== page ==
messages from President Hockfield in response to Hurricane Katrina



Thank you from President Hockfield

"I am gratified by the creative and generous responses of the entire MIT community to the short- and long-term needs of those affected by Hurricane Katrina. These include ongoing student and staff fundraising efforts, faculty educational and research initiatives, and alumni contributions.

Our combined endeavors are yet another example of the application of MIT ingenuity and initiative that makes us all proud to be members of this community."    - Susan Hockfield, President

September 15, 2005; updated September 16, 2005

To Members of the MIT Community:

Over the past two weeks, our faculty, students and staff have come forward with an astonishing array of activities and ideas in response to Hurricane Katrina, and I couldn't be prouder of our community.

We are hosting 10 undergraduates and 15 graduate students as special visiting students for the fall term, and are waiving tuition and fees and providing housing for these students. In addition, we are looking into the possibility of making bench space available in our labs for some faculty, post docs and graduate students from sister institutions in the Gulf Coast region.

Our students have started clothing and food drives, a variety of fundraising activities (including direct donations, concerts, and community dinners), and a wealth of service projects in collaboration with the Public Service Center.

Ideas have been pouring in from faculty and staff as well, and I have appointed a Katrina Response Advisory Group to help coordinate these efforts, including educational and research initiatives that could make an important difference in the affected regions, as we work with colleagues there on lessons learned, on rebuilding and recovery efforts, and on ways to prevent such disasters in the future.

The members of the Advisory Group, which is convened by Vice President Kathryn Willmore, are Rafael Bras (Professor of Civil and Environmental Engineering), Phillip Clay (Chancellor), Louis Fouche (Undergraduate Student, Chemical Engineering), Alice Gast (Vice President and Associate Provost for Research), Rachel Glennerster (Executive Director of the Poverty Action Lab, Economics), Lorna Gibson (Chair of the Faculty), Daniel Hastings (Director, Engineering Systems Division), Monty Krieger (Professor of Biology), Suzana Lisanti (Publisher of the MIT Homepage), Sally Susnowitz (Director of the Public Service Center), Lawrence Vale (Department Head, Urban Studies and Planning), Albert Wei (Graduate Student, Urban Studies and Planning.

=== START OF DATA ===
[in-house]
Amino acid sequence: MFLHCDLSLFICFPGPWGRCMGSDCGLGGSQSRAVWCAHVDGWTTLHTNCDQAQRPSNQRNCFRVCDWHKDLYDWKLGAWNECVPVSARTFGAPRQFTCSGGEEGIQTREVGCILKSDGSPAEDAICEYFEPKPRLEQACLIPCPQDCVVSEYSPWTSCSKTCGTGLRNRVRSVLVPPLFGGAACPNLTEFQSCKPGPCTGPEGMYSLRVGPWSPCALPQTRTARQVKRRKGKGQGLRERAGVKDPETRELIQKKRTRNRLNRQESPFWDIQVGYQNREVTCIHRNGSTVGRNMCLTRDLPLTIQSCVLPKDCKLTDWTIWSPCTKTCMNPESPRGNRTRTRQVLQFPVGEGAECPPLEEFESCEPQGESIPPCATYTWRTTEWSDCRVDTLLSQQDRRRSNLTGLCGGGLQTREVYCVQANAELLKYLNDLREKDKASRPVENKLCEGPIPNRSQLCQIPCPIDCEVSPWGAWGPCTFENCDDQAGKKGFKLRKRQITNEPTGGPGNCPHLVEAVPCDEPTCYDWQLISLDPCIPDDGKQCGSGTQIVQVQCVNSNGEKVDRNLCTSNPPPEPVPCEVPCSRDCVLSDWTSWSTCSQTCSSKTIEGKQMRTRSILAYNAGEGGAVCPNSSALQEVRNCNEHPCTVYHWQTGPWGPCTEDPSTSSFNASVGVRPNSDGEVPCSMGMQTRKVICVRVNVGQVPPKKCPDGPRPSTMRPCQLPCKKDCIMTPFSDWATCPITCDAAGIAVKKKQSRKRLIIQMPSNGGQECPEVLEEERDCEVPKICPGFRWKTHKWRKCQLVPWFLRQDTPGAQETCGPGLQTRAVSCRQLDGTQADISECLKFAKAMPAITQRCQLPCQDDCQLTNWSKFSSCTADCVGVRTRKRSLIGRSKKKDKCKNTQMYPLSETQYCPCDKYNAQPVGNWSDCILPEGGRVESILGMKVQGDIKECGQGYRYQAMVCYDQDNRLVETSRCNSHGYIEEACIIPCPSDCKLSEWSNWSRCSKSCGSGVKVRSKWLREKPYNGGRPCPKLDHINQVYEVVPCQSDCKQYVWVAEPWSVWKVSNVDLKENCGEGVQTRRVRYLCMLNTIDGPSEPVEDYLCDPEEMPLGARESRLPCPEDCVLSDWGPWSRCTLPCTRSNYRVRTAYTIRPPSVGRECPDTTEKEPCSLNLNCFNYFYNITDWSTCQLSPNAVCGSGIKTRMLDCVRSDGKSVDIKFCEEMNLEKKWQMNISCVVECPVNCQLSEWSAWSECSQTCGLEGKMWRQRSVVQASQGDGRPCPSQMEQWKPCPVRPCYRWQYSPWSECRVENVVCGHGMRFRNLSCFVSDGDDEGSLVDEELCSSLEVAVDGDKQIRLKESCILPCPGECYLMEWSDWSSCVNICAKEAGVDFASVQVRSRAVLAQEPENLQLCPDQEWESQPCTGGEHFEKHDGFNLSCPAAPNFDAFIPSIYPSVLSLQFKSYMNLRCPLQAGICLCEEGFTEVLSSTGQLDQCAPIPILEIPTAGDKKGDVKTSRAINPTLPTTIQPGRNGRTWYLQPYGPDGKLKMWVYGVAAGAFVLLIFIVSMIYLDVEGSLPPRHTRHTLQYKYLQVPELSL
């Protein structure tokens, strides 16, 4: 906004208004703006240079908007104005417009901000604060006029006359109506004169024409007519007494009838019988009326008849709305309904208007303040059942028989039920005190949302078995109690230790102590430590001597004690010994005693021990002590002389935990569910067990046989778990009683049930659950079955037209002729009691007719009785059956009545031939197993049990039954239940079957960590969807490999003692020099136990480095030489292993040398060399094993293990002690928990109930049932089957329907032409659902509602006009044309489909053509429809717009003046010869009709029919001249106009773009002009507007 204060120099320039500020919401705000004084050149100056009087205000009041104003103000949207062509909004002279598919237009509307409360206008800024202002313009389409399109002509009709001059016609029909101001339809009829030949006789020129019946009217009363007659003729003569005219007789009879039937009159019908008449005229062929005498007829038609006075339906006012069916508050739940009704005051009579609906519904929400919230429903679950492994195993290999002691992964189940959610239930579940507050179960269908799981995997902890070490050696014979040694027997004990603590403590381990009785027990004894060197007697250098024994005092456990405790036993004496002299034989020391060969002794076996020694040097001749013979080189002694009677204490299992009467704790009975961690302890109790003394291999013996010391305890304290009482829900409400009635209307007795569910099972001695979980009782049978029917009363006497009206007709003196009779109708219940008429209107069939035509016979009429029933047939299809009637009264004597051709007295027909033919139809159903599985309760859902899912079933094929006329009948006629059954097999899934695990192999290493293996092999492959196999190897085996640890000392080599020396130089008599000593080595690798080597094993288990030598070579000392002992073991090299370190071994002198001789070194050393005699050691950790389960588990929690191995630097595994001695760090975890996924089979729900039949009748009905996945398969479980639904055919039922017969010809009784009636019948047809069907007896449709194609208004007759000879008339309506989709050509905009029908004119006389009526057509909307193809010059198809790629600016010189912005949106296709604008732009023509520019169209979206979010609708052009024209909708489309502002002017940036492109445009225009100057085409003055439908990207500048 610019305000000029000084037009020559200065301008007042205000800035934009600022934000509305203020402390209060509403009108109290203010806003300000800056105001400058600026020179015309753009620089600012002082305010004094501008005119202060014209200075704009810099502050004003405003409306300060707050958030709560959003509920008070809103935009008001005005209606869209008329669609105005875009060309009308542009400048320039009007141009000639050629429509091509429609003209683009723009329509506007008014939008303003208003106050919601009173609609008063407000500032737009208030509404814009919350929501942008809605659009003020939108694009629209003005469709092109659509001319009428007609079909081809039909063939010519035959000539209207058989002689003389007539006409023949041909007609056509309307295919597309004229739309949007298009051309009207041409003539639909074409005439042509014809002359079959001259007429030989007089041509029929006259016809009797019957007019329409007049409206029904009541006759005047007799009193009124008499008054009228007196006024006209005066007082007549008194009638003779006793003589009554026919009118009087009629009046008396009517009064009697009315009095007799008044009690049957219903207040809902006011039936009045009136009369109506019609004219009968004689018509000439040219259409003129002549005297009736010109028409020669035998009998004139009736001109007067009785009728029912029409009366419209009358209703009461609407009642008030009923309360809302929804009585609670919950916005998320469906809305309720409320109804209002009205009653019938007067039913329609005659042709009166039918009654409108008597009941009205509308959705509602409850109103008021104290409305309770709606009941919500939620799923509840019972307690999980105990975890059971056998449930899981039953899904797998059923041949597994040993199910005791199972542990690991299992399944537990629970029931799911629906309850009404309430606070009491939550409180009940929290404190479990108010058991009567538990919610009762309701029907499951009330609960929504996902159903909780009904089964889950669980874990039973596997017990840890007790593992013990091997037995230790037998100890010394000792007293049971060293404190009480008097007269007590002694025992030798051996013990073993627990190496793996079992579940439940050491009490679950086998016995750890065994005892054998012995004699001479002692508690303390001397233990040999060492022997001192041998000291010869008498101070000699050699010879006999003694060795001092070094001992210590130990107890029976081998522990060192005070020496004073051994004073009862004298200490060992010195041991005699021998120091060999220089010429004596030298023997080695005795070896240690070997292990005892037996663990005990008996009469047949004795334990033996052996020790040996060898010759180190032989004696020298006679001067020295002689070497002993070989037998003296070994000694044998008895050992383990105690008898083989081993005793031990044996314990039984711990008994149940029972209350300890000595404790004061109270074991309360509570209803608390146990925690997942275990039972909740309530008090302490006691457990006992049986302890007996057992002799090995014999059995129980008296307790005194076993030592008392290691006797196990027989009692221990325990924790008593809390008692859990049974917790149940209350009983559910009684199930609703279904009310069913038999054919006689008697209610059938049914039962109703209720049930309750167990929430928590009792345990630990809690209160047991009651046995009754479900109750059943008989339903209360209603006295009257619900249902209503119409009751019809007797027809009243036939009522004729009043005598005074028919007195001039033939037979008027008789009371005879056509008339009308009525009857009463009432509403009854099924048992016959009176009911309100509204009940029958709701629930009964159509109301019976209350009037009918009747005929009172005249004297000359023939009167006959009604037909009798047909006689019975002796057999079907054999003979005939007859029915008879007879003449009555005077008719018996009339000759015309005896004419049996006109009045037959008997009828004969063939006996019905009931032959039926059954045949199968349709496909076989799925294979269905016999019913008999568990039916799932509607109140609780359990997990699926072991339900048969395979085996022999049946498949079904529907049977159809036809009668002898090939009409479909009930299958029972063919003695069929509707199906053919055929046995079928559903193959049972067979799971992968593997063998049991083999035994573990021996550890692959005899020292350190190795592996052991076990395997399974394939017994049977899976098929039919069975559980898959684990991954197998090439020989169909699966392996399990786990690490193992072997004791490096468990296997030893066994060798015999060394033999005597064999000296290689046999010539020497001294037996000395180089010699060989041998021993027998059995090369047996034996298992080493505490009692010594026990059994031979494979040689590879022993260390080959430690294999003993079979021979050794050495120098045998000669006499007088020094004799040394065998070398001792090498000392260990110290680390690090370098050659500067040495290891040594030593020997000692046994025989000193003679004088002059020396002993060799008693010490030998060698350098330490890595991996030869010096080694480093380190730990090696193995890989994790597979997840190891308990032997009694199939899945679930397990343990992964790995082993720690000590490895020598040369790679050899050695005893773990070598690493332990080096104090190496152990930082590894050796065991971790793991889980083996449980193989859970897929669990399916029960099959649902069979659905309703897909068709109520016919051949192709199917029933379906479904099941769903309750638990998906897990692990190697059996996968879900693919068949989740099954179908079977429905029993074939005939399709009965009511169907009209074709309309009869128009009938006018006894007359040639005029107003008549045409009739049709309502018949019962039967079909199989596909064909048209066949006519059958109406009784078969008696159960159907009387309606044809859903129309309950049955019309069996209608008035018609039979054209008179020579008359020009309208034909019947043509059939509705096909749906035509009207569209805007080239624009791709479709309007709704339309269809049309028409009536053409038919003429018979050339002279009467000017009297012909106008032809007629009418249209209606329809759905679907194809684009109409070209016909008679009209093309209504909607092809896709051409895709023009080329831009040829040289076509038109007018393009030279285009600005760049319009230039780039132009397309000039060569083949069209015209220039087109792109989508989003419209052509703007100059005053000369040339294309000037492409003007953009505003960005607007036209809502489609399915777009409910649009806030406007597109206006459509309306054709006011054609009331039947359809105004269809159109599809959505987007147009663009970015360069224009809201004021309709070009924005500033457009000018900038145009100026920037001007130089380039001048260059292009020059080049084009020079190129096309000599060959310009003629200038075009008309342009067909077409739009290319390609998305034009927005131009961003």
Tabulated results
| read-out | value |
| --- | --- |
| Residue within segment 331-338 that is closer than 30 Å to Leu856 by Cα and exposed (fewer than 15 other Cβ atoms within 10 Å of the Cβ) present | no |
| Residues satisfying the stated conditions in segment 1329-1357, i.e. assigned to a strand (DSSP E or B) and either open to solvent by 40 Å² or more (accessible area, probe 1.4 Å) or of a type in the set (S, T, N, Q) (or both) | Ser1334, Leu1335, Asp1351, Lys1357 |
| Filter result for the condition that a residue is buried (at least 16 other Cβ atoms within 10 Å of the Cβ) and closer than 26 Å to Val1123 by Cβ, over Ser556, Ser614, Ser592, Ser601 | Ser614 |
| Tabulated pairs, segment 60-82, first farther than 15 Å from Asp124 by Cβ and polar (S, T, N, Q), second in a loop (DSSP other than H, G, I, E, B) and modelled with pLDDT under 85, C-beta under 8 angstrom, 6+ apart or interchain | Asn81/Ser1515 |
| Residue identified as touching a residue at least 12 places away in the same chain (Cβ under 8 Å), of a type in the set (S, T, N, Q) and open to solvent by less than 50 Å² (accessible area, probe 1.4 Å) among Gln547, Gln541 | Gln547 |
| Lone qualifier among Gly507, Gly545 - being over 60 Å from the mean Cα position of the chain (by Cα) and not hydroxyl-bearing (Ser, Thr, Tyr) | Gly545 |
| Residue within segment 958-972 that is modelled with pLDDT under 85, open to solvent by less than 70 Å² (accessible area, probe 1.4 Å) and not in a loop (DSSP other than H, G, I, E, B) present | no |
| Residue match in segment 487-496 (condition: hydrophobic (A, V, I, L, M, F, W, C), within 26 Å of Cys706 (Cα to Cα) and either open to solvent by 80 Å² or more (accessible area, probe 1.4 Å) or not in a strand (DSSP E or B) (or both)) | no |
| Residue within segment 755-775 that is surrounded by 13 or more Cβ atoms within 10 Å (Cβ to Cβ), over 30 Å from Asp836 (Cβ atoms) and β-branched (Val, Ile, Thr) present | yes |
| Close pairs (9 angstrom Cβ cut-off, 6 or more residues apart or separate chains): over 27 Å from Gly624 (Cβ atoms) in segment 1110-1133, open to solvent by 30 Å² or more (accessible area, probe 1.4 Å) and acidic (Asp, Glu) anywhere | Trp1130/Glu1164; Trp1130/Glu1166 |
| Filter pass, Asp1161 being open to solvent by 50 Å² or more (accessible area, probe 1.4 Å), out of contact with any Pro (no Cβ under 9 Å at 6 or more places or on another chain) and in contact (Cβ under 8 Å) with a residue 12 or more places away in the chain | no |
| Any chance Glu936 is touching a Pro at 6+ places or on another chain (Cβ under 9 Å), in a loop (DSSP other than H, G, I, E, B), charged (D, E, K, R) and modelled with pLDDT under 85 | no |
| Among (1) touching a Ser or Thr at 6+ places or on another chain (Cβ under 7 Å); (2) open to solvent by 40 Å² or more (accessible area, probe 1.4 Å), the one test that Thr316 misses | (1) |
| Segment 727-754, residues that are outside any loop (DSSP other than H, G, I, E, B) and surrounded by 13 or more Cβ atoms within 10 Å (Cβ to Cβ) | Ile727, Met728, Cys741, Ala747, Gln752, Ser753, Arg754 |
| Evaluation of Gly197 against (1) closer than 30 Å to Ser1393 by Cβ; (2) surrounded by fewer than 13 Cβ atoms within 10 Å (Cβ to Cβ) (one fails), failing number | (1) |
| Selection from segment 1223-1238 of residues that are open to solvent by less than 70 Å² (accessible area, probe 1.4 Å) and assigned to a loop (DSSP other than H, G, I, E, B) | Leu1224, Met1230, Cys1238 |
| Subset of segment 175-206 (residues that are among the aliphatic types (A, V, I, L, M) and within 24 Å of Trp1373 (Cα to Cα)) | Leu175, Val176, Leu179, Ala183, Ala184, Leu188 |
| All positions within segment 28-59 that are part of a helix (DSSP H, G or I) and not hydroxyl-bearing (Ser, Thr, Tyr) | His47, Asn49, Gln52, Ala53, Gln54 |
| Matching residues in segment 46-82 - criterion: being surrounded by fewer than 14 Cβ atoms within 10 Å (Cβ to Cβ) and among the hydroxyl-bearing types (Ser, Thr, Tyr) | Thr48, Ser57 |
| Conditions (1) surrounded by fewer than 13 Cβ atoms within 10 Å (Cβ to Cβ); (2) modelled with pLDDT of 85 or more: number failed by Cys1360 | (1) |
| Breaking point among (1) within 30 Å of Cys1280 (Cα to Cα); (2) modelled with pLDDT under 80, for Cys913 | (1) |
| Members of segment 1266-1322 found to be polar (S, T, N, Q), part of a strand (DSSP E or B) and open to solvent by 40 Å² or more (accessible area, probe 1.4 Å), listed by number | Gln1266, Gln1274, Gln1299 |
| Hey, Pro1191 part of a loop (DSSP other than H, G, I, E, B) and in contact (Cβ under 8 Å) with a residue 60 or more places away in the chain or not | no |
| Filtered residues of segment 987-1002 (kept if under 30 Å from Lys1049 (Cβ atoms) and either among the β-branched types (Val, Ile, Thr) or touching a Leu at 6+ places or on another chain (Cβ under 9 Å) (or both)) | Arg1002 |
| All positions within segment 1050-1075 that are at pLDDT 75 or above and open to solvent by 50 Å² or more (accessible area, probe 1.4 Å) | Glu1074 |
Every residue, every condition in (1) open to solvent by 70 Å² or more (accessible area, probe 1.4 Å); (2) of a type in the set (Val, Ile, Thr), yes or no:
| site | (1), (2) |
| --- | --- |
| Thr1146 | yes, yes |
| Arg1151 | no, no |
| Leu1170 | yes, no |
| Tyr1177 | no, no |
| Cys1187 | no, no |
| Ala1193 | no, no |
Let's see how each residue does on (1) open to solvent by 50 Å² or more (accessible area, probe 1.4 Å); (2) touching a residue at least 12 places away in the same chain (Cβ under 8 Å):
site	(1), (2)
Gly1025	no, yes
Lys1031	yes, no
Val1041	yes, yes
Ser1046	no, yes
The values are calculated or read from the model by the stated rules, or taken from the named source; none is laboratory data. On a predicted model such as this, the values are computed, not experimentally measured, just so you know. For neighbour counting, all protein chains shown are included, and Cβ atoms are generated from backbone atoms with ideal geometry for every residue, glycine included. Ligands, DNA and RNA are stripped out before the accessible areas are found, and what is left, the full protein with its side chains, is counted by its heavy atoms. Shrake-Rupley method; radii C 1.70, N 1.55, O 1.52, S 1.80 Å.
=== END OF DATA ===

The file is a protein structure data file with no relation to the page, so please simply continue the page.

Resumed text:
Much of this activity is reflected on the Katrina response website, which is updated on a continuing basis. I urge you to use this website to contribute ideas and to learn about activities that you may want to join.

Again, thank you for all you are doing to put MIT's talents to work in this important cause.

Susan Hockfield

September 2, 2005

To MIT faculty, staff, students and alumni:

We are all shocked by the devastating effects of Hurricane Katrina on the people of New Orleans and along the Gulf Coast, and I know you join me in extending our deep sympathy to all those affected by the hurricane and its aftermath. We cannot yet fully appreciate the scope of this disaster, but it is clear that the assistance and expertise of everyone will be needed to help our fellow citizens to recover from this disaster. The vast majority of those in need are in Louisiana, Mississippi and Alabama, but some are in our own community - MIT students and alumni from those areas, and our faculty and staff with loved ones there.

This week, even as we welcome our newest students to campus, we have been busy developing programs and protocols to assist members of the MIT family in need, and discussing ways in which we can contribute to the relief and rebuilding efforts. Please contact MIT's Public Service Center if you are interested in developing or joining in an activity to assist in the relief efforts.

MIT's mission is grounded in service to society, and in the weeks and months ahead, we will be looking to our faculty for ideas and ways to bring our talents to bear on the enormous challenge of rebuilding these communities.

About 90 MIT students are from the region, and we are reaching out to them through their housemasters, deans and departments to offer support and advice in making it through this terribly difficult time. Any undergraduate students who have concerns related to the aftermath of the hurricane on themselves or their families should feel free to get in touch with Dean Robert Randolph ( or 617-258-5484) for help in sorting through their needs and who might best assist them. Graduate students should contact Dean Blanche Staton ( or 617-253-4869).

Similarly, we want to be as supportive as possible to members of the faculty and staff who may need to deal with family circumstances relating to the hurricane, and will be making advice and assistance available to them as well.

In the meantime, we are accepting special applications from students whose educational plans have been interrupted by this disaster. We will evaluate such applications on a case-by-case basis. We are asking all such students, undergraduate or graduate, to first contact the MIT Admissions Office at 617-253-4791 for a special application form (PDF) for visiting students. Graduate inquiries will be sent to the relevant department for decision.

These are first steps. We welcome your ideas and suggestions for how we, individually and as an institution, can help the people of the Gulf Coast region pull through the immediate disaster and reconstruct their communities and their lives.


President Susan Hockfield